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Exchange Trust Certificates in REMIC Transactions Qualify as Stripped Bonds or Coupons

On November 24, 2023, the IRS released PLR 202347001, ruling that certificates issued from an “exchange trust” qualify as stripped bonds or stripped coupons within the meaning of Code Section 1286.

The taxpayer in the PLR issues mortgage-backed securities in which mortgage loans are deposited into a trust that is structured as either a grantor trust or a real estate mortgage investment conduit (“REMIC”).  The grantor trust issues pass-through certificates that represent ownership of the underlying mortgage loans, and the REMIC issues REMIC regular interests that are treated as debt instruments for tax purposes.  In each case, holders of trust certificates are entitled to receive income and principal from the mortgage loans.

The PLR describes an exchange trust mechanism in which holders of the trust certificates are permitted to exchange their certificates for certain “exchange certificates” that have terms that vary from the terms of the initial certificates.  For example, a holder of a trust certificate entitled to $100 of principal and interest at a rate of 6% may exchange the initial certificate for two new exchange certificates—one entitled to $100 of principal and interest at a rate of 4%, and the other entitled to interest that accrues on $100 at a rate of 2%.  These exchange certificates are stripped bonds and stripped coupons because they represent a “strip” off the initial certificate that is equal to a fixed number of basis points.

The PLR also rules favorably for the taxpayer in the more analytically challenging case when an initial certificate with a fixed rate is exchanged for two new exchange certificates that represent an inverse floater pair whose rates are based on a benchmark (e.g., SOFR) such that the “strips” are not fixed.  For example, the holder of the trust certificate with a fixed rate of 6% may exchange it for two new certificates—one with an interest rate equal to SOFR plus 2% (with a cap of 6%) and the other with an interest rate equal to 6% minus the sum of SOFR plus 2% (with a floor of 0%).  When paired together, the two exchange certificates always have a combined rate of 6%.  The PLR confirms that these exchange certificates qualify as stripped bonds and stripped coupons—even though these “strips” vary based on a benchmark—and that the exchange trust in this example qualifies as a fixed investment trust.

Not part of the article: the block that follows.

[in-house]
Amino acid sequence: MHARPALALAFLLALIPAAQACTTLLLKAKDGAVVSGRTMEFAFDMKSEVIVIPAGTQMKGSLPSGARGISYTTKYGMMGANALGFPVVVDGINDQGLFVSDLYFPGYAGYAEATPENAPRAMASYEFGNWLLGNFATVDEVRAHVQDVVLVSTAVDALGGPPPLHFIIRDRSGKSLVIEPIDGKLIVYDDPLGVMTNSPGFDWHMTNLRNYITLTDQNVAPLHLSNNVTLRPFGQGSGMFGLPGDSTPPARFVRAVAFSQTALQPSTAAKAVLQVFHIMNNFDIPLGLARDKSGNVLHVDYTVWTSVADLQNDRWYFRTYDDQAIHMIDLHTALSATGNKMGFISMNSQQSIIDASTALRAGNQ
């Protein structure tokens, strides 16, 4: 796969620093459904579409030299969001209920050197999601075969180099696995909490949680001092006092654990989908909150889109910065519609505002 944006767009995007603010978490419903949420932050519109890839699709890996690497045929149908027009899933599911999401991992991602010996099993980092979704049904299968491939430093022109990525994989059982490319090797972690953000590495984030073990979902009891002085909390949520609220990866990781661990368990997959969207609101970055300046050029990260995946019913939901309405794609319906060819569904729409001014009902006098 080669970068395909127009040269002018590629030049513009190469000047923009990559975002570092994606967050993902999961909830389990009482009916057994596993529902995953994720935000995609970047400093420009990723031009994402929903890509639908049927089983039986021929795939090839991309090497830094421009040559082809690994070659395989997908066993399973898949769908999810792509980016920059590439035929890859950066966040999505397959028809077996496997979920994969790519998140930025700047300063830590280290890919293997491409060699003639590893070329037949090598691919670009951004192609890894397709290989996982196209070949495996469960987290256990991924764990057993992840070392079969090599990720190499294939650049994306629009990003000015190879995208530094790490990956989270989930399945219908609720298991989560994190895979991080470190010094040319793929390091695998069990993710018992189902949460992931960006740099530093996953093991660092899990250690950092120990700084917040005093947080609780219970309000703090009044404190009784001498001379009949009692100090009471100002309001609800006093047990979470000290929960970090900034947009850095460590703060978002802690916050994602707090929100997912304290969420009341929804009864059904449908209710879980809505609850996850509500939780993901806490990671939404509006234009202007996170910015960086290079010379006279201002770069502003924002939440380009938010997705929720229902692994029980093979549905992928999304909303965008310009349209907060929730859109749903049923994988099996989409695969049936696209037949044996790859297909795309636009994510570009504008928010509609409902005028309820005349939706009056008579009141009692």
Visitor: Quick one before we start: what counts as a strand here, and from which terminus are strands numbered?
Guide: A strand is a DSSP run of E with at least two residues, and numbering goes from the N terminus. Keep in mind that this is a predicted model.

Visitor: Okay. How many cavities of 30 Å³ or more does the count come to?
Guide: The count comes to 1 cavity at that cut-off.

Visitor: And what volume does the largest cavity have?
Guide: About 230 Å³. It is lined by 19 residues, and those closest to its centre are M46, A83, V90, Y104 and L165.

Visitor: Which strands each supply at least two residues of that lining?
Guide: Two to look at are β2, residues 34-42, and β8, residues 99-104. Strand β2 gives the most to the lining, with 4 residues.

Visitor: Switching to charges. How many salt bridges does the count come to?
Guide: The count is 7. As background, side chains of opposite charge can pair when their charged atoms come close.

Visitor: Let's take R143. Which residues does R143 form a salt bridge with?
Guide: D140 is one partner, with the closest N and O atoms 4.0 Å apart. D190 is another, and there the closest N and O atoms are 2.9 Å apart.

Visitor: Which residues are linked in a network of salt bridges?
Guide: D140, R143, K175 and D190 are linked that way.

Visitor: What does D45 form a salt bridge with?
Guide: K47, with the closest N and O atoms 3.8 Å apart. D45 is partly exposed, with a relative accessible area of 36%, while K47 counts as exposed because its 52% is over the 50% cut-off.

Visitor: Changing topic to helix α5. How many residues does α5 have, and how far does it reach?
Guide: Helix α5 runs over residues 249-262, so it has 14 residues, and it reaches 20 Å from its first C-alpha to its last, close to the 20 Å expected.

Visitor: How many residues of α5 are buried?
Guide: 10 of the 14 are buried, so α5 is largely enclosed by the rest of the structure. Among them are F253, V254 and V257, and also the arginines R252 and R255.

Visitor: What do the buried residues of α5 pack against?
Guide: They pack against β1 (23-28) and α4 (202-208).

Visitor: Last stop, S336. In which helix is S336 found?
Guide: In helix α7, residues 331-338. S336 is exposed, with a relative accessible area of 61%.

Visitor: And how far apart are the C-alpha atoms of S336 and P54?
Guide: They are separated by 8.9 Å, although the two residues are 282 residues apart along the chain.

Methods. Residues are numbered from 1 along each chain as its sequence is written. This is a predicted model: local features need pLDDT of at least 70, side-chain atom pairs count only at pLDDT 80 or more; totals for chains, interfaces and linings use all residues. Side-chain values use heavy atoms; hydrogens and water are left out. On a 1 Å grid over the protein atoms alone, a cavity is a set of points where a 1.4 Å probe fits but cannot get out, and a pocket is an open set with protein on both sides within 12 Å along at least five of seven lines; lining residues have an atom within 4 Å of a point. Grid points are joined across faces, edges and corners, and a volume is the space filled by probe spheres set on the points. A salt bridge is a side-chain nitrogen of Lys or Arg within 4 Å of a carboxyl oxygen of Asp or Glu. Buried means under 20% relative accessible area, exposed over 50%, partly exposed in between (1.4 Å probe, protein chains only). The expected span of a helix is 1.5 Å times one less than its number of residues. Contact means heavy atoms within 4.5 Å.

The IRS has now privately ruled favorably on the use of exchange trusts for inverse floater pairs a few times (e.g., PLR 201229003 and PLR 200624005).  It would certainly be helpful if the IRS would issue formal, precedential guidance on these exchange trusts considering their desired use in mortgage securitizations.

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Linda Z. Swartz
T. +1 212 504 6062


Adam Blakemore
T. +44 (0) 20 7170 8697

Jon Brose
T. +1 212 504 6376

Andrew Carlon
T. +1 212 504 6378

Mark P. Howe
T. +1 202 862 2236

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